Is China's Exchange Rate Policy a Form of Trade Protection?

By Makin, Anthony J. | Business Economics, April 2009 | Go to article overview
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Is China's Exchange Rate Policy a Form of Trade Protection?


Makin, Anthony J., Business Economics


This paper examines how China's heavily managed exchange rate contributes to its huge trade surplus with its major trading partners, most notably the United Stales. Based on the distinction between economics' aggregate output and expenditure and on the premise that exchange rates are shared variables, it develops a straightforward framework that shows how exchange rate management by China's central bank affects China's fast growing output, expenditure, employment, and trade balance, while simultaneously influencing these aggregates in its slower growing industrialized trading partners. This framework reveals that under conditions of limited private capital mobility an inflexible yuan yields higher short-run output gains for China at trading partners' expense through a form of "exchange rate protection." At the same time exchange rate misalignment limits China's consumption and hence living standards. A misaligned currency is also shown to bias international saving and investment flows and is central to any explanation of global imbalances. Business Economics (2009) 44, 80-86.

doi:10.1057/be.2008.8

Keywords: China, exchange rate, trade protection, trade imbalance, fixed exchange rate

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China's exchange rate policy plays a pivotal role in the nation's economic development strategy, which has lifted over 400 million out of poverty over the past three decades and made China the fourth largest economy and third largest trading nation in the world [World Bank 2008]. However, the tightly managed yuan has created considerable friction with China's trading partners, raising serious international concerns about existing current account imbalances, most notably those between East Asia and the United States.

The Bank for International Settlements [2006] believes that these imbalances pose a serious longer term problem for the world economy, and numerous measures have been proposed in recent multilateral consultation on current account imbalances promoted by the International Monetary Fund [2007]. U.S. authorities have also been meeting on a bilateral basis with China through the "U.S.-China Economic Dialogue Program" established in 2007 to facilitate dialogue between U.S. cabinet-level officials and their Chinese counterparts on U.S.-China trade issues, including market access, intellectual property rights, and export controls. The need to understand the domestic and international macroeconomic implications of China's exchange rate policy therefore remains critical.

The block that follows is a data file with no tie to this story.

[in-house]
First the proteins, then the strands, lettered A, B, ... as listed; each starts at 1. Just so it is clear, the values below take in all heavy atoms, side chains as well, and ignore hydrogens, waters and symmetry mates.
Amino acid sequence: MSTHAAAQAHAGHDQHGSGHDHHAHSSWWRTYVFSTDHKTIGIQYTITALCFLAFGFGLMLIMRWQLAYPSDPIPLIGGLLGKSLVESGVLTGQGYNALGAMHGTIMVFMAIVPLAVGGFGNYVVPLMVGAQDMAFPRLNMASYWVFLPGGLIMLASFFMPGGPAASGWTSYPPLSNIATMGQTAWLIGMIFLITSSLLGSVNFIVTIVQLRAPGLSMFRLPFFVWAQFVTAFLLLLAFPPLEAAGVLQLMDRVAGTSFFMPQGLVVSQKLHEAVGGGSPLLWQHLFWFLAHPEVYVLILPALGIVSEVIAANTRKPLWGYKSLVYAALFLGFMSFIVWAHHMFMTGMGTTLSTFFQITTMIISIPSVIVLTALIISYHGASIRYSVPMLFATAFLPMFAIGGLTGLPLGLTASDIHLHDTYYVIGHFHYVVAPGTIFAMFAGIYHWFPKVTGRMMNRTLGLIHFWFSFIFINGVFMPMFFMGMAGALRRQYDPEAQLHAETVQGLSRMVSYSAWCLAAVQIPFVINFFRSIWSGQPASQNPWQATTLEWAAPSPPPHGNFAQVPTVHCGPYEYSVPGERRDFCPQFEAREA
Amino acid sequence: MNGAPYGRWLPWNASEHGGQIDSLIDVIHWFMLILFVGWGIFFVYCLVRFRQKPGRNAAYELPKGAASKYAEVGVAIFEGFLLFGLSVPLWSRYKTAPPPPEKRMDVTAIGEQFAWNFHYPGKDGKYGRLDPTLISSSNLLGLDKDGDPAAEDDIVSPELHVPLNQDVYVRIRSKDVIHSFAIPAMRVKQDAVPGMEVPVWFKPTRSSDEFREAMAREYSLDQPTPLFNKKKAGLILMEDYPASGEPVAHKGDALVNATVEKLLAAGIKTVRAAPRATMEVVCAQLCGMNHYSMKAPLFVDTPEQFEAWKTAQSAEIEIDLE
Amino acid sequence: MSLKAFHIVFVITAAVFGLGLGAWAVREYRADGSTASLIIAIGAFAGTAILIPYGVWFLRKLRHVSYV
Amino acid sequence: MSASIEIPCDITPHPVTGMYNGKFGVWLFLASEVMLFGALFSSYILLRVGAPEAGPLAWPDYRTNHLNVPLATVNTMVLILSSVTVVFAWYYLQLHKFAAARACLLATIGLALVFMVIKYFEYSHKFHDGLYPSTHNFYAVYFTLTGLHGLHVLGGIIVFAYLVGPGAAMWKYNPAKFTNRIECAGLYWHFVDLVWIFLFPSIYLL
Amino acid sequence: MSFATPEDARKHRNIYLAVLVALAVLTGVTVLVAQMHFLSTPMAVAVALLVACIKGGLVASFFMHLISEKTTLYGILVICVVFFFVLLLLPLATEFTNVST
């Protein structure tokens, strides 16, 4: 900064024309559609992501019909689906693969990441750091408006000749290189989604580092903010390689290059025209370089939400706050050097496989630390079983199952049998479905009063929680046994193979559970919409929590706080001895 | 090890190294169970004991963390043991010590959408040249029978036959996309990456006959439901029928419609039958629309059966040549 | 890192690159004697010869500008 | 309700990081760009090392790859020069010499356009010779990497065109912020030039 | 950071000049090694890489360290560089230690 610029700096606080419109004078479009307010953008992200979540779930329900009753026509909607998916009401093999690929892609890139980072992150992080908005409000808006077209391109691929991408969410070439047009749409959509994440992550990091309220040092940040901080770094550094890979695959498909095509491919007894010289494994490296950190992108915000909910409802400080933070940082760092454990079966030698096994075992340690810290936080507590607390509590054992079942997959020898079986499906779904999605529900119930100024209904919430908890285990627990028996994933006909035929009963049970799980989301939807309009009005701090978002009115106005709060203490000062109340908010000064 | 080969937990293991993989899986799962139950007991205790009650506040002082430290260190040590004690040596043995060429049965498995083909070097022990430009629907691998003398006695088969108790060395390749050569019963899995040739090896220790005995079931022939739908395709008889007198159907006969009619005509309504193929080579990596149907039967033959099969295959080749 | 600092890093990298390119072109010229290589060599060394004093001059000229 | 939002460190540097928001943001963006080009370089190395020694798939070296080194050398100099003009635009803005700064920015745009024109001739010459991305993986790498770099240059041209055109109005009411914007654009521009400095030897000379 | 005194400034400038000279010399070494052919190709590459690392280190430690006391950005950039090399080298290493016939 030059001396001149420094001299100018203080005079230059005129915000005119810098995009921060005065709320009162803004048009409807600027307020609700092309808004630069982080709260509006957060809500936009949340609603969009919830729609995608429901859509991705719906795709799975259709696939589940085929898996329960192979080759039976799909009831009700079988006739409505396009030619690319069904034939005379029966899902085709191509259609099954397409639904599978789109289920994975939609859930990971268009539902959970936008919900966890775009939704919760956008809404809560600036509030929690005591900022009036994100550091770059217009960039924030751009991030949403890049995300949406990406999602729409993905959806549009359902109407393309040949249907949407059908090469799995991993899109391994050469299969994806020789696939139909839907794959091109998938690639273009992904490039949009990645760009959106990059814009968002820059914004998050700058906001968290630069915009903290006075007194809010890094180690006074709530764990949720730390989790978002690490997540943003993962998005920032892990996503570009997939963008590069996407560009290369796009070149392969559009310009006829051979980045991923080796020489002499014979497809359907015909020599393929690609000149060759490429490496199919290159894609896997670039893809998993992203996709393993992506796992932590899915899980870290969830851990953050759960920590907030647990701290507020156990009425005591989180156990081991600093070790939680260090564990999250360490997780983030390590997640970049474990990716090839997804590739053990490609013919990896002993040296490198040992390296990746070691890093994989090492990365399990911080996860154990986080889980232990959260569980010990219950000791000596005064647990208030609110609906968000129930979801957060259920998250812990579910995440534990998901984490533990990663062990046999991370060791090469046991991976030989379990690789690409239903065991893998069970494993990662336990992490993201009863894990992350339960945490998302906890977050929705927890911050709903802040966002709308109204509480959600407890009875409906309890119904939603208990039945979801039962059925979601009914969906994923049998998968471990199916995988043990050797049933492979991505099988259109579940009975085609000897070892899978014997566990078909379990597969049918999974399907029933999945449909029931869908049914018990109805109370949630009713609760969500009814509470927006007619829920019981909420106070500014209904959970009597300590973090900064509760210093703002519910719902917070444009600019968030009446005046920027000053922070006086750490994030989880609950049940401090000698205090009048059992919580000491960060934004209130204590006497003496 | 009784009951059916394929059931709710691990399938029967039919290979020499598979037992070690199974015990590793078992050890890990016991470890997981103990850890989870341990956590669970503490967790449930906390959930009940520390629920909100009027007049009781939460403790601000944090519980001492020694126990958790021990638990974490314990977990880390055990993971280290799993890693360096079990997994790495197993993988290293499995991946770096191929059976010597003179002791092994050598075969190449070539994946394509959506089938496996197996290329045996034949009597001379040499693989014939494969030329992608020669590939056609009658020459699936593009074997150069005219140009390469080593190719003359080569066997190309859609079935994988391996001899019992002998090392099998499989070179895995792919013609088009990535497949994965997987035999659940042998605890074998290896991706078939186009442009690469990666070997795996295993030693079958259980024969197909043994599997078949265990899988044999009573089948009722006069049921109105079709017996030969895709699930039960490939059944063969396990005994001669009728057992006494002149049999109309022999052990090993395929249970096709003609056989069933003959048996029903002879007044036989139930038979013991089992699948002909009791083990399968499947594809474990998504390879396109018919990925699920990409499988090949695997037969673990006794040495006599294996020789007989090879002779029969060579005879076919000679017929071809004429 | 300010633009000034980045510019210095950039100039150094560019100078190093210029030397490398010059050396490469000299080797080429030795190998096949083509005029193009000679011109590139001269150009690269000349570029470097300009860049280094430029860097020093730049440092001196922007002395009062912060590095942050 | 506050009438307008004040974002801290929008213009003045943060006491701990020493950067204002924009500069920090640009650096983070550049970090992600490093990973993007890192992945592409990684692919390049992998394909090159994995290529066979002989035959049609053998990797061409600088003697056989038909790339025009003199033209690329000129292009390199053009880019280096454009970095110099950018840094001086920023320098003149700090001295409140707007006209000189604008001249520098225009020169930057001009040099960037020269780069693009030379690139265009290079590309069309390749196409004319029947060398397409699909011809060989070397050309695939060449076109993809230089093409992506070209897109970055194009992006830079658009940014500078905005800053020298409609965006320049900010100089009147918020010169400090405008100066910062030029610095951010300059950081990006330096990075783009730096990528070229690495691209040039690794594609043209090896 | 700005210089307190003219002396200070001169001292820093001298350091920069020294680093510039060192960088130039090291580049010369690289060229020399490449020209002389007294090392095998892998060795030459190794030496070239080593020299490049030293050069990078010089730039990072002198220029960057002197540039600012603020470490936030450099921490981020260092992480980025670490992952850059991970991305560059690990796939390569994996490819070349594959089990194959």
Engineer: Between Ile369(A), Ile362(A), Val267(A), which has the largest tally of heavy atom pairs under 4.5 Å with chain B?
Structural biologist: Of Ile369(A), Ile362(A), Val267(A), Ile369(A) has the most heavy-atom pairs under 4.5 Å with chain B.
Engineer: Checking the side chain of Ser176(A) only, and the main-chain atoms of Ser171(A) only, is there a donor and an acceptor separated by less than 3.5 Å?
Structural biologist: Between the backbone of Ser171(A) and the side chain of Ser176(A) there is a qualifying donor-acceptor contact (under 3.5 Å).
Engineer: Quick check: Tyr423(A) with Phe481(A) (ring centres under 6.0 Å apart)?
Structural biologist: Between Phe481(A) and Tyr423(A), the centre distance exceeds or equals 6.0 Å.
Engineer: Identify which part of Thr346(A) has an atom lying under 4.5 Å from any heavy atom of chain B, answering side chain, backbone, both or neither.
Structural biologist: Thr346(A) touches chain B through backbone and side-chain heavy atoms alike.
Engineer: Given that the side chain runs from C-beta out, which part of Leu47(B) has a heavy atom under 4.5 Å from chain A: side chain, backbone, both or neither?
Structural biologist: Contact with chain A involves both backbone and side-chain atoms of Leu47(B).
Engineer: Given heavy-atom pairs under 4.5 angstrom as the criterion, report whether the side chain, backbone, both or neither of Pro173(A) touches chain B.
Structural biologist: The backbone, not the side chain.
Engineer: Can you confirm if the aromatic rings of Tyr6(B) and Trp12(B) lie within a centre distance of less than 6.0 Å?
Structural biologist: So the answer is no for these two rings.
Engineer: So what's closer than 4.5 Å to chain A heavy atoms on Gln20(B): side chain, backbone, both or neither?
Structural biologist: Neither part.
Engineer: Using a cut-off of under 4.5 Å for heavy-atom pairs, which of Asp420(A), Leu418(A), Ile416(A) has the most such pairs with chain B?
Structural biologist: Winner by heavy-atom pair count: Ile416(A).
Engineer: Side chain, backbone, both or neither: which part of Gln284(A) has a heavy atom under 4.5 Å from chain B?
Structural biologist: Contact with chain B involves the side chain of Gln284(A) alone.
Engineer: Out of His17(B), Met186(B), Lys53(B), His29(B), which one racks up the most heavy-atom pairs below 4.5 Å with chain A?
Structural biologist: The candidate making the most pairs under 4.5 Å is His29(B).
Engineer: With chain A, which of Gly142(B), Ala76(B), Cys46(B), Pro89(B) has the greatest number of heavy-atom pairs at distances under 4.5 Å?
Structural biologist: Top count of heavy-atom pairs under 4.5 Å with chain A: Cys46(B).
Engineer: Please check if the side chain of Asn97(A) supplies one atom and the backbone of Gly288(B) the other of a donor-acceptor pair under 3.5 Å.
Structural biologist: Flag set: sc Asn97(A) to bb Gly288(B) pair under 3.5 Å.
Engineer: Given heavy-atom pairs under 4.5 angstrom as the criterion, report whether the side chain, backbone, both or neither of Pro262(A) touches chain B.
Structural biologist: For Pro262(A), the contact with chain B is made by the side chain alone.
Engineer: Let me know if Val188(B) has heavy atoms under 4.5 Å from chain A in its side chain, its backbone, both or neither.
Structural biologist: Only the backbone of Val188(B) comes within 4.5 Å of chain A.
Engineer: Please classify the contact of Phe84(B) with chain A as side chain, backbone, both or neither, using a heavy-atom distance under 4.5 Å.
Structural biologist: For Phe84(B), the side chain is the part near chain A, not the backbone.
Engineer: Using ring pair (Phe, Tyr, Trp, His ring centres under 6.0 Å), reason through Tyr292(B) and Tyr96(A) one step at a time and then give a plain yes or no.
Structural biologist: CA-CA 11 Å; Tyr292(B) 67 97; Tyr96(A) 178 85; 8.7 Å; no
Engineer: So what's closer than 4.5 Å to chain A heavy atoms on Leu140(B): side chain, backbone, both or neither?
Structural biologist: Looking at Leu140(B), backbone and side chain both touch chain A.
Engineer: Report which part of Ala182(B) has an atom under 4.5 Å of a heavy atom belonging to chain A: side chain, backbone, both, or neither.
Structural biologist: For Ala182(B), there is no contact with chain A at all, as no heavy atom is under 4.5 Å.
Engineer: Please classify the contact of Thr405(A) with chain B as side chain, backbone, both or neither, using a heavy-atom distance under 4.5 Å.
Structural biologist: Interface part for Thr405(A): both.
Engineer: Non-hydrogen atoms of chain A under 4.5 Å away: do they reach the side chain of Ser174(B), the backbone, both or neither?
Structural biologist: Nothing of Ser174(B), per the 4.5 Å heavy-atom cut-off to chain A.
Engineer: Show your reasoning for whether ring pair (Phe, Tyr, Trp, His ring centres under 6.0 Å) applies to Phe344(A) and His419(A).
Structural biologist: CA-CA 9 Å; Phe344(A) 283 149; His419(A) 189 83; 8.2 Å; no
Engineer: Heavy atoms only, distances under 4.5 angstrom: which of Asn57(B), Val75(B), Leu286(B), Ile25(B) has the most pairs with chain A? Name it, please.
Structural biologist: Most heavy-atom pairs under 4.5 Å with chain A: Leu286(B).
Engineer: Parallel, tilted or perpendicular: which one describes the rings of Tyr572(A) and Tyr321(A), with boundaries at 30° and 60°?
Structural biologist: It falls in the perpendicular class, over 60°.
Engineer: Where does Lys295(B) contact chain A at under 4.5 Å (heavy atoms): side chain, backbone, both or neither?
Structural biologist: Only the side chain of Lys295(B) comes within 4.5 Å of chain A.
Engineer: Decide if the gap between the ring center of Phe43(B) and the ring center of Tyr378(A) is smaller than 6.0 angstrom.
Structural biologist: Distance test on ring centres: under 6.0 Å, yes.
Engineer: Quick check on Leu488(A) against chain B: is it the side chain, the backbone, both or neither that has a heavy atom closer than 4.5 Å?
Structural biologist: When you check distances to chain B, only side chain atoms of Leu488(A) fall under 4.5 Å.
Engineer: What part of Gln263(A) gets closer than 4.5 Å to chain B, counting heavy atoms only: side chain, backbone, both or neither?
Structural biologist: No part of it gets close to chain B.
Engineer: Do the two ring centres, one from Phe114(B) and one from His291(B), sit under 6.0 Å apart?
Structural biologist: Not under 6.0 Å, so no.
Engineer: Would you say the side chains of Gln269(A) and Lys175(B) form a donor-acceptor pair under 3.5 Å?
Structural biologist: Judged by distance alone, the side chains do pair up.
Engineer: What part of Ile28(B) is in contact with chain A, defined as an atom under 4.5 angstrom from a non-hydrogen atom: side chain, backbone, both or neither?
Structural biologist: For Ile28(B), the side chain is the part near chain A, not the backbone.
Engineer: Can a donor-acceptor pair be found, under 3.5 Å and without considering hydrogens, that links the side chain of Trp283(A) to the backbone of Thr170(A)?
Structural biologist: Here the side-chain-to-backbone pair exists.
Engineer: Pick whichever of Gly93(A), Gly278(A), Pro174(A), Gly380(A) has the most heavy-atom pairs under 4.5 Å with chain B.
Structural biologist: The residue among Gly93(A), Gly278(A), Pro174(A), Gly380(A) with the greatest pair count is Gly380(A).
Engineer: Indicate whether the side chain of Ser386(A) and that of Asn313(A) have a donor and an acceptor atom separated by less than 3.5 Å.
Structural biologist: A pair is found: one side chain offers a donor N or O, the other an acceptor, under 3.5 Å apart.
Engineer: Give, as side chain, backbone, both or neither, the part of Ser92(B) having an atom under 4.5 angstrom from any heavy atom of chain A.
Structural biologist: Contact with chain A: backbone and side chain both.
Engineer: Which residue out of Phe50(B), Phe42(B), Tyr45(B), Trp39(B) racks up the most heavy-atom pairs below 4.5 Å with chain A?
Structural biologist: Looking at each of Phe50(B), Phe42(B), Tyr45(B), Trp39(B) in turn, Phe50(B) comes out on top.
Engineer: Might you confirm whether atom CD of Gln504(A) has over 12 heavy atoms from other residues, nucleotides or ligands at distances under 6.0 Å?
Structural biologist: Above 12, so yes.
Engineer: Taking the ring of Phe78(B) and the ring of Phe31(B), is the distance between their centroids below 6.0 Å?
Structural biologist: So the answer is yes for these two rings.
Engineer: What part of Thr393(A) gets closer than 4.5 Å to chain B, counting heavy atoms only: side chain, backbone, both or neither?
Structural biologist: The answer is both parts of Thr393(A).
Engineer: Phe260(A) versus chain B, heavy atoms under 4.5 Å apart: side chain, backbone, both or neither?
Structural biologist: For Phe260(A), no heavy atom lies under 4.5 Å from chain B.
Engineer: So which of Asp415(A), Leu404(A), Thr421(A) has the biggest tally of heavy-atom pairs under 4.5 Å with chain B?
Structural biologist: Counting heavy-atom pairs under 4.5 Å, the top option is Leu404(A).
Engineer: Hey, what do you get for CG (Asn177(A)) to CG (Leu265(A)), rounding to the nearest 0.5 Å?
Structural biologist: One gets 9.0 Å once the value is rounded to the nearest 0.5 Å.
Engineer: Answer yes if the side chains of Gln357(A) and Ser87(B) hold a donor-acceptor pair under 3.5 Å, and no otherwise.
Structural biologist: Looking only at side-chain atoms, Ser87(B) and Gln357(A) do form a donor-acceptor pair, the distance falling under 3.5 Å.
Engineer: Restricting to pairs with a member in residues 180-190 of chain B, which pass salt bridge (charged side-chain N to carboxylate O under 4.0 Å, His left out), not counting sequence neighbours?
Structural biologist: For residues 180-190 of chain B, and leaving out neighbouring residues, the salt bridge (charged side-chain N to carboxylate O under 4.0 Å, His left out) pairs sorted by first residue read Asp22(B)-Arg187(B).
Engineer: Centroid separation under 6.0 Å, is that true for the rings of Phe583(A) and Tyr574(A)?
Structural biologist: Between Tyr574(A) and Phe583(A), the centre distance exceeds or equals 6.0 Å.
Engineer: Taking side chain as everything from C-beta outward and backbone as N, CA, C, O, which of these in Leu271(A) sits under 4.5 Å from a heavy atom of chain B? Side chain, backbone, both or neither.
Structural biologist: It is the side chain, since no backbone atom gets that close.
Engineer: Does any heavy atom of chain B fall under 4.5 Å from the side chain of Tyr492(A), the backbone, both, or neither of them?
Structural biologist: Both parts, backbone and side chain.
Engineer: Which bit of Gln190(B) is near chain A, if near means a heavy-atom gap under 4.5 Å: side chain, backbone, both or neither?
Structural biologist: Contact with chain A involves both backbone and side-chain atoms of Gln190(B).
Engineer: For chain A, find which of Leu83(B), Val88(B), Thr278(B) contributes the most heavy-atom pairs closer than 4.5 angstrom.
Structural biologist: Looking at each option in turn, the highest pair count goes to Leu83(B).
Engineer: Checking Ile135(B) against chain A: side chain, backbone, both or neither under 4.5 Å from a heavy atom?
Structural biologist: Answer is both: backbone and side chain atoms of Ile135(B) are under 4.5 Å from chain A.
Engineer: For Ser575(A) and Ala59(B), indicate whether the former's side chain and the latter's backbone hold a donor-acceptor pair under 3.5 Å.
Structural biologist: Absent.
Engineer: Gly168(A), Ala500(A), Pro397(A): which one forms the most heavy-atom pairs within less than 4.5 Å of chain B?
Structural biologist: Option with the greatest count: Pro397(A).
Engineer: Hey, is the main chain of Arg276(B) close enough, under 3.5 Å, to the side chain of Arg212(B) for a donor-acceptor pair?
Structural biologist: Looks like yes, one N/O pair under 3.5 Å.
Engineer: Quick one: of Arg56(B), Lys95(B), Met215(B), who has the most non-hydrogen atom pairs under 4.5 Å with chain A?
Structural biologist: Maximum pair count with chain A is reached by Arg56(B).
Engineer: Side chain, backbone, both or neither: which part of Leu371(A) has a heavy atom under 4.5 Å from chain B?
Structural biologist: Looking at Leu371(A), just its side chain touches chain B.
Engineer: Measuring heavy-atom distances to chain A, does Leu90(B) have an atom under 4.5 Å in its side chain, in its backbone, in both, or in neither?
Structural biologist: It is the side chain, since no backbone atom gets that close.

The fundamental importance of the exchange rate in China's development strategy was recently confirmed by Hu Xiaolian, Deputy Governor of the central bank, the People's Bank of China (PBC), who stated that "China's central bank has supported the economic development goal through its pursuit of currency stability which is its monetary objective" [Hu 2007]. though Chinese Premier Wen has also recently conceded that " ... the biggest problem with China's economy is that it is unstable, unbalanced, unco-ordinated and unsustainable" [quoted in Aziz and Dunaway 2007].

Yet, although a literature has developed on the relationship between China's saving, investment, and its current account surplus [Aziz and Cui 2007; Ito and Chinn 2007], there is a paucity of macroeconomic-oriented analysis focusing on the nexus between China's exchange rate management and the important relationship between its aggregate output and expenditure flows in the much-neglected tradition of Alexander [1952].

The main contribution of this paper is the exposition of a straightforward framework that is founded on links between the exchange rate, output-expenditure relations, and external account imbalances. In the context of China's superior growth record relative to major industrialized trading partners, it models key international linkages to elucidate the significance and policy implications of China's managed exchange rate for China's production, spending, and current account balance.

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